The saying goes, “some things simply run in the family”—for Amy Kabinoff, it was acquiring ownership over her family’s 75-year-old boutique, Chickie’s Daughter, which originated in the hands of her grandmother, eventually passing down the line to her mother, and now to Amy herself.
Three generations and three locations later, Chickie’s Daughter is flourishing better than Kabinoff initially envisioned. A store once 900 square feet turned 3,000 square feet, continues to provide its fashion-savvy customers only the highest quality—now with a fresher, casual and every-day vibe—featuring cult-favorite brands such as Hudson, Milly, Michael Stars, Splendid and Nanette Lepore. In fact, these popular brands keep pouring in, as Kabinoff notes shipments are arriving at a steady influx of roughly 20 boxes per day.
“Honestly, I believe that in order for businesses to survive, they need to be generational or someone with a fresh perspective has to buy into the business,” says Kabinoff, with an unwavering tone of confidence, likely attributed to her longtime experience with the business. “[In this industry] styles are constantly changing.”
With crisper fall temperatures peering on the proverbial horizon in a few short months, Chickie’s is the quintessential one-stop shop for all of your seasonal needs—and well worth the trip.
Suburban Life/Philadelphia Life sat down with Kabinoff to learn more about her integration into the family-owned business, how her ownership has impacted the business and of course, what’s in the fall 2017 fashion forecast.
Considering you’ve been with the business for quite some time, how has the boutique’s style evolved since its origin?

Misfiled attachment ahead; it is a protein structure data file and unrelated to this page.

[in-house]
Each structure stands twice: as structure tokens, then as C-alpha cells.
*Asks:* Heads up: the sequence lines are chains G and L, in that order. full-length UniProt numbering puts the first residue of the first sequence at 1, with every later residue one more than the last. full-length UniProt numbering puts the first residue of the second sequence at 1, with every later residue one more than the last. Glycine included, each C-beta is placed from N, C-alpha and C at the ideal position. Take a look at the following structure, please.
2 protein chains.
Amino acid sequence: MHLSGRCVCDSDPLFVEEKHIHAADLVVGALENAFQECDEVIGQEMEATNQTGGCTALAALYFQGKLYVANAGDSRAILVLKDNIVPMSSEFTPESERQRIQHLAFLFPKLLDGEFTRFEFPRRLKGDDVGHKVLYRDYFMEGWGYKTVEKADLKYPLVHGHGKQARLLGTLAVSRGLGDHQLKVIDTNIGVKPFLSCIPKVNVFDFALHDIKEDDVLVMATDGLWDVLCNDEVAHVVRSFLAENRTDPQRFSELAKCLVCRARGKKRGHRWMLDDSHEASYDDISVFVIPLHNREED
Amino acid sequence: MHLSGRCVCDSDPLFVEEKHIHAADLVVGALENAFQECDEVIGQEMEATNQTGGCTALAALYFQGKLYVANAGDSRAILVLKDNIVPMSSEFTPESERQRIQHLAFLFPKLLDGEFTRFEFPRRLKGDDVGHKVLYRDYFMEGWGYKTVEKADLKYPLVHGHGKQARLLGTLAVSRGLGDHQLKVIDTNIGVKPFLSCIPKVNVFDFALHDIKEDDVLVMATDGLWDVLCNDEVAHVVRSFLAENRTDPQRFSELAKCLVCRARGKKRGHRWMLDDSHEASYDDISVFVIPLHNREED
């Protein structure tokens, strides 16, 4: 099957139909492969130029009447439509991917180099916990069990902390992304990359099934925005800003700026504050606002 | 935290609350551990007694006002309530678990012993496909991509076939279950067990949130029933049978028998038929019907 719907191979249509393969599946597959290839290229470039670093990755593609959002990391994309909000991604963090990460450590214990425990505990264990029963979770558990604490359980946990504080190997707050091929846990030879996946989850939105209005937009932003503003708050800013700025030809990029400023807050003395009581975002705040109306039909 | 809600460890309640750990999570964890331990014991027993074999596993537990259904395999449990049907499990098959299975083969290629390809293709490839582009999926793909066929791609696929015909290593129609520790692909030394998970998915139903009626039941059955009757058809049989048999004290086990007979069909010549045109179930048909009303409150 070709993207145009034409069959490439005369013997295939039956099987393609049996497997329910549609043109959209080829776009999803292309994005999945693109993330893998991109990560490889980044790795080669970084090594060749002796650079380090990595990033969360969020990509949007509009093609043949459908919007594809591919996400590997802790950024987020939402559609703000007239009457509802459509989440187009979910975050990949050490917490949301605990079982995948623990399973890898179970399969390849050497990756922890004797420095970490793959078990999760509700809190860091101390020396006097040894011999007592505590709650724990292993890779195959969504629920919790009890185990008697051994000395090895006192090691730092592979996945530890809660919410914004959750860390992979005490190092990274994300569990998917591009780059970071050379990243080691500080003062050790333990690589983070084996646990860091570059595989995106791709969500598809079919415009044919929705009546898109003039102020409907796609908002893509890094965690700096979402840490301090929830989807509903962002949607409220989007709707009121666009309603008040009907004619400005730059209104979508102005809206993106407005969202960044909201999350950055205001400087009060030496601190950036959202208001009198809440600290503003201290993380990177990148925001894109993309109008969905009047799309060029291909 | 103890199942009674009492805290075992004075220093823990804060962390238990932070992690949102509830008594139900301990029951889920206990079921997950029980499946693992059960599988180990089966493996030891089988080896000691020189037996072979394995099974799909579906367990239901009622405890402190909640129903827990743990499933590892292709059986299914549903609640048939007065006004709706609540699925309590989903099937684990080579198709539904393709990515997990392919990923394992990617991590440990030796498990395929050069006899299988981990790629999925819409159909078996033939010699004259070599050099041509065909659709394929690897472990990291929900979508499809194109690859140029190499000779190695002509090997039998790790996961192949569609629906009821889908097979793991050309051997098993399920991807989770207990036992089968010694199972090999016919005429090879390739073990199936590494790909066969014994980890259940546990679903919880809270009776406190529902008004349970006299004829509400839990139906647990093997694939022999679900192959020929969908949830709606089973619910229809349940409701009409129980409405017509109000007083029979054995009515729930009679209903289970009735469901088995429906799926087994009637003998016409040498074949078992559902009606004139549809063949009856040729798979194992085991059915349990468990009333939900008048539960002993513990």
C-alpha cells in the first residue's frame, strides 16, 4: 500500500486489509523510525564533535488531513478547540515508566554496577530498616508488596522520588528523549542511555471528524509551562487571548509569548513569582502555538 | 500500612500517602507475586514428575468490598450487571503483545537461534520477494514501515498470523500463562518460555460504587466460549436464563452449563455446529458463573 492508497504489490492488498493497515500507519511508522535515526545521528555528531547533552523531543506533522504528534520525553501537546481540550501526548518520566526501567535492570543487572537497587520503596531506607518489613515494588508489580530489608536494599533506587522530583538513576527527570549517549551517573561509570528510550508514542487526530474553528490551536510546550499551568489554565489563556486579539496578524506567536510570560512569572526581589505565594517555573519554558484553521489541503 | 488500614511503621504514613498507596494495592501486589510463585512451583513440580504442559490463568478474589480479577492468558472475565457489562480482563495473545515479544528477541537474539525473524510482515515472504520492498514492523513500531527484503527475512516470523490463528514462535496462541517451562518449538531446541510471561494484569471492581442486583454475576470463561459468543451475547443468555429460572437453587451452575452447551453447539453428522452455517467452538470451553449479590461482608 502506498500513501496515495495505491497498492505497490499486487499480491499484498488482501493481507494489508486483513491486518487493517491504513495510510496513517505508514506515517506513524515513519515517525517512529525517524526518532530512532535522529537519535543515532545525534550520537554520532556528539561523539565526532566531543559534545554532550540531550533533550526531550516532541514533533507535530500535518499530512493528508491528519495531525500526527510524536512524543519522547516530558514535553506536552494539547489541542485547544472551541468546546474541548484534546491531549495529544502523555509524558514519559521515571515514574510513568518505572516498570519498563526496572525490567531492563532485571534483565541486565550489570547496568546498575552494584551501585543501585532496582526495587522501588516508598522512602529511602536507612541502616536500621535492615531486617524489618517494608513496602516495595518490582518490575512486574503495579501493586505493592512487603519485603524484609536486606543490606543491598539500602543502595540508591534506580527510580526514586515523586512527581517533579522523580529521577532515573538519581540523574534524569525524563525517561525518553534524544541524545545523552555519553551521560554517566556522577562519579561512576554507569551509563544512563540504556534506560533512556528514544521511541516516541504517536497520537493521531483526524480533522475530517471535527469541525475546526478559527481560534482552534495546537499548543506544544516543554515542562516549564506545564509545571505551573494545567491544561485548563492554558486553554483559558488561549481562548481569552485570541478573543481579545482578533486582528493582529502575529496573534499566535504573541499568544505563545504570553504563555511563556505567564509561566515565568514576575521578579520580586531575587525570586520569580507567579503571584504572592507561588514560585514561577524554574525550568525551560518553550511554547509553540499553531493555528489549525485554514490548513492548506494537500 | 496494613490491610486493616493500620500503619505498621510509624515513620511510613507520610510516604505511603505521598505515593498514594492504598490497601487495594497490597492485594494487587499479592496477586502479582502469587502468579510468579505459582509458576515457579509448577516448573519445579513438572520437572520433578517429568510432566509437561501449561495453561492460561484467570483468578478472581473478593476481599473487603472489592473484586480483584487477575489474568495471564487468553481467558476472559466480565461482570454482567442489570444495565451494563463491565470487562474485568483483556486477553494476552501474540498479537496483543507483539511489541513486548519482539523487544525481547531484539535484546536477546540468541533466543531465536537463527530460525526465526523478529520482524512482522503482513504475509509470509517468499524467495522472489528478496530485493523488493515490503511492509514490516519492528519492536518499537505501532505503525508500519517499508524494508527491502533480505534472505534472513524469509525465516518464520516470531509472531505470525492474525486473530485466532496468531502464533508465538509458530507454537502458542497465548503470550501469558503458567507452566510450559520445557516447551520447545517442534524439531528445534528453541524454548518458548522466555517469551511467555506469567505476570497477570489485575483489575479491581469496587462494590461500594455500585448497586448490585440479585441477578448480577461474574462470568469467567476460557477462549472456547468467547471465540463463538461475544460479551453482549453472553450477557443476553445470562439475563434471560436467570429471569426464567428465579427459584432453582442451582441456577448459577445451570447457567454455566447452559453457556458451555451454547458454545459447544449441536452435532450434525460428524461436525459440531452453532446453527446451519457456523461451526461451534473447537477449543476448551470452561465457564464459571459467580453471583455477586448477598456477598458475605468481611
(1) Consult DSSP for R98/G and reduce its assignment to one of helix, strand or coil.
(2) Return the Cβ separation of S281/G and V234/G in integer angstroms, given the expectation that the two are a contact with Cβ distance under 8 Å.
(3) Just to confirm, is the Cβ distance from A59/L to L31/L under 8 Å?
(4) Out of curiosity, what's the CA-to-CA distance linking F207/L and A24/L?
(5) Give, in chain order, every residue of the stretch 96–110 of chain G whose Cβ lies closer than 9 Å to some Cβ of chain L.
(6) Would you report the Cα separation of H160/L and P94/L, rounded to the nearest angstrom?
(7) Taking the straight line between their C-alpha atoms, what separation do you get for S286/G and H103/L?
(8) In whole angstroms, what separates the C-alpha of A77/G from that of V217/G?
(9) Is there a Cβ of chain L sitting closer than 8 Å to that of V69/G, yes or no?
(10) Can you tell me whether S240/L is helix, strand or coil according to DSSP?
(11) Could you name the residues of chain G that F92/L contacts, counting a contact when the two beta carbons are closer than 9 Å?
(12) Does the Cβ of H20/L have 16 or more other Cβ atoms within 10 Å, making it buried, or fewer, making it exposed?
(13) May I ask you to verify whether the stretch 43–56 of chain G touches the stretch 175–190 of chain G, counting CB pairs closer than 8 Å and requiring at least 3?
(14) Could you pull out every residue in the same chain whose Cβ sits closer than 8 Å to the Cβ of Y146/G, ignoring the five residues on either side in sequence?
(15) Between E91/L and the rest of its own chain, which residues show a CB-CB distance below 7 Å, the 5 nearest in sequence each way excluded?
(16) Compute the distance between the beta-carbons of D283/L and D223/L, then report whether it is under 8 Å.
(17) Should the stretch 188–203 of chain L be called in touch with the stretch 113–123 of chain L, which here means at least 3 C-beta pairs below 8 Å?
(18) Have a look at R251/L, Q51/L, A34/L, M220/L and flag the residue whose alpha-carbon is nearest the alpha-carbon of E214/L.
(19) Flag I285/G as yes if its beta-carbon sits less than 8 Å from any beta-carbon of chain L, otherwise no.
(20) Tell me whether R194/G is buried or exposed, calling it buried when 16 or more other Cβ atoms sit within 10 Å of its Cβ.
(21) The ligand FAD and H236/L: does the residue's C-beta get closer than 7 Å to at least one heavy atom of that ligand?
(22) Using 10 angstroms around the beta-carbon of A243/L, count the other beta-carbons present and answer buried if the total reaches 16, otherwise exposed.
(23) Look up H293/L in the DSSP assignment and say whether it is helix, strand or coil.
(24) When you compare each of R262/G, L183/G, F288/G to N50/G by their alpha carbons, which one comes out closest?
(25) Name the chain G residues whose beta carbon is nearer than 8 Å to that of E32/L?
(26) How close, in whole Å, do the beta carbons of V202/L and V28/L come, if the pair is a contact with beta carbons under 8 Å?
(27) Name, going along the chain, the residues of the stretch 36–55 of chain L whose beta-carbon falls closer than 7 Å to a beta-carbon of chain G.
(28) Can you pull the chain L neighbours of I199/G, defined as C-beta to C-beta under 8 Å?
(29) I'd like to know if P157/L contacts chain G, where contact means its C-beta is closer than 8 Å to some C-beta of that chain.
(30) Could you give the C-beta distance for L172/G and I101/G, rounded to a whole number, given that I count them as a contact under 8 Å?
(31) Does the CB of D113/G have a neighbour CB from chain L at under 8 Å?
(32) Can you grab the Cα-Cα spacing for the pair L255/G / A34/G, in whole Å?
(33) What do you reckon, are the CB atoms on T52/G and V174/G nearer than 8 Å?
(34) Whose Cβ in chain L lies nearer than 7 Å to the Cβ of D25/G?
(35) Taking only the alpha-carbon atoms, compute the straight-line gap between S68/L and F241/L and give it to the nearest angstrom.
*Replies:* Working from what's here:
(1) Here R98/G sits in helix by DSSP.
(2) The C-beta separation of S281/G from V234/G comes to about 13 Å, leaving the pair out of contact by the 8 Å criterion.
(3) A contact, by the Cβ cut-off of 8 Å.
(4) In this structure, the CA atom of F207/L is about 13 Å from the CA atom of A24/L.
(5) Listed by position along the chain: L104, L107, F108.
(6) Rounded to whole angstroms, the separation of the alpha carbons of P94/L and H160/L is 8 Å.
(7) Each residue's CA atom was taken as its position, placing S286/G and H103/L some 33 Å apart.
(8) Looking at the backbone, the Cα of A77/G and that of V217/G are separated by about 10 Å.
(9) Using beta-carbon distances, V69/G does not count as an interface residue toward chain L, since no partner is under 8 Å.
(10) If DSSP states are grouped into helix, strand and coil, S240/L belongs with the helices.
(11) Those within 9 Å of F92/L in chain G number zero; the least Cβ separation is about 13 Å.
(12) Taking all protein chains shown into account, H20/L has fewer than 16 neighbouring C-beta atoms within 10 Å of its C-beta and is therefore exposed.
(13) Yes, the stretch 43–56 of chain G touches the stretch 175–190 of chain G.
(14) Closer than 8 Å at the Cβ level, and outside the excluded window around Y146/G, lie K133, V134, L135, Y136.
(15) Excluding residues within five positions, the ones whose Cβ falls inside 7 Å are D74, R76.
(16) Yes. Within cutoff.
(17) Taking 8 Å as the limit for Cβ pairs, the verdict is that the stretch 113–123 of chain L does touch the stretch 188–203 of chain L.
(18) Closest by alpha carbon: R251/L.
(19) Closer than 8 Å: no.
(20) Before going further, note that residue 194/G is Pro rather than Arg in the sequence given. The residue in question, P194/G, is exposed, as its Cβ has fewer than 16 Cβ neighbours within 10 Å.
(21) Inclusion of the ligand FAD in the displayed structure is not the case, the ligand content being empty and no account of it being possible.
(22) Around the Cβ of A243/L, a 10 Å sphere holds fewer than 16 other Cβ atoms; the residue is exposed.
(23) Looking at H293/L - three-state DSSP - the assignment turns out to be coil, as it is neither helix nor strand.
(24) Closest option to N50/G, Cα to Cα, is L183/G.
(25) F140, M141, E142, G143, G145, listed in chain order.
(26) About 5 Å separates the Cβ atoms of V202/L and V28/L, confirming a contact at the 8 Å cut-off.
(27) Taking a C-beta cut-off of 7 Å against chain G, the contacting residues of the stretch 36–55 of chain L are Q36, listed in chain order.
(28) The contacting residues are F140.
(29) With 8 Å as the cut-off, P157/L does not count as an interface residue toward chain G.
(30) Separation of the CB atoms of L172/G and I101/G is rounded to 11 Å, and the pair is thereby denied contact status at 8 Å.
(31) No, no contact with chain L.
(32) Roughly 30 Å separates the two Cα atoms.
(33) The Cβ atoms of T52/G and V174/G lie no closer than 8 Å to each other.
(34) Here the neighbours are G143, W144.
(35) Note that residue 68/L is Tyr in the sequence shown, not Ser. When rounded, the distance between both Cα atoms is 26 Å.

When I first got involved with the store, they weren’t even carrying jeans—the apparel was dressy and formal. When I took over, I sort of went crazy. I began ordering jeans, leggings and tried to transition the style into a more casual feel. My mom was a little more elegant, whereas I’m along the lines of edgy and contemporary. Even though our style has evolved, I’ve made it so that a customer won’t purchase something here and hate it within a week.
That said, who is your store ideal for?
I don’t try to intimidate anybody, any price range or any age range. There’s really something for everybody. If someone walks in and has a budget, there’s generally something they can find here. It’s not a store filled with all clothing and accessories $300 and over. There’s clothing for nearly every budget.
Has your clientele evolved since you’ve revamped the store’s overall aesthetic and merchandise?
We see customers anywhere from high school and college, all the way to a 75- year-old woman. The age really doesn’t matter because we have something for everyone—wide leg pants, skinny jeans— no one will ever walk out feeling uncomfortable. I don’t let that 75-year-old woman walk out looking like a teenager, either—we’re extremely age appropriate, so no one says our store is “too young” for them. I actually have a mother, a daughter and a grandmother [who] all come shopping here together.
Have there been any exciting or recent additions to the store?
I recently expanded the store to have a full shoe department. Fall merchandise is also beginning to arrive.
You’re the fashion expert—what’s been selling well or expected to be trending for the upcoming fall season right around the corner?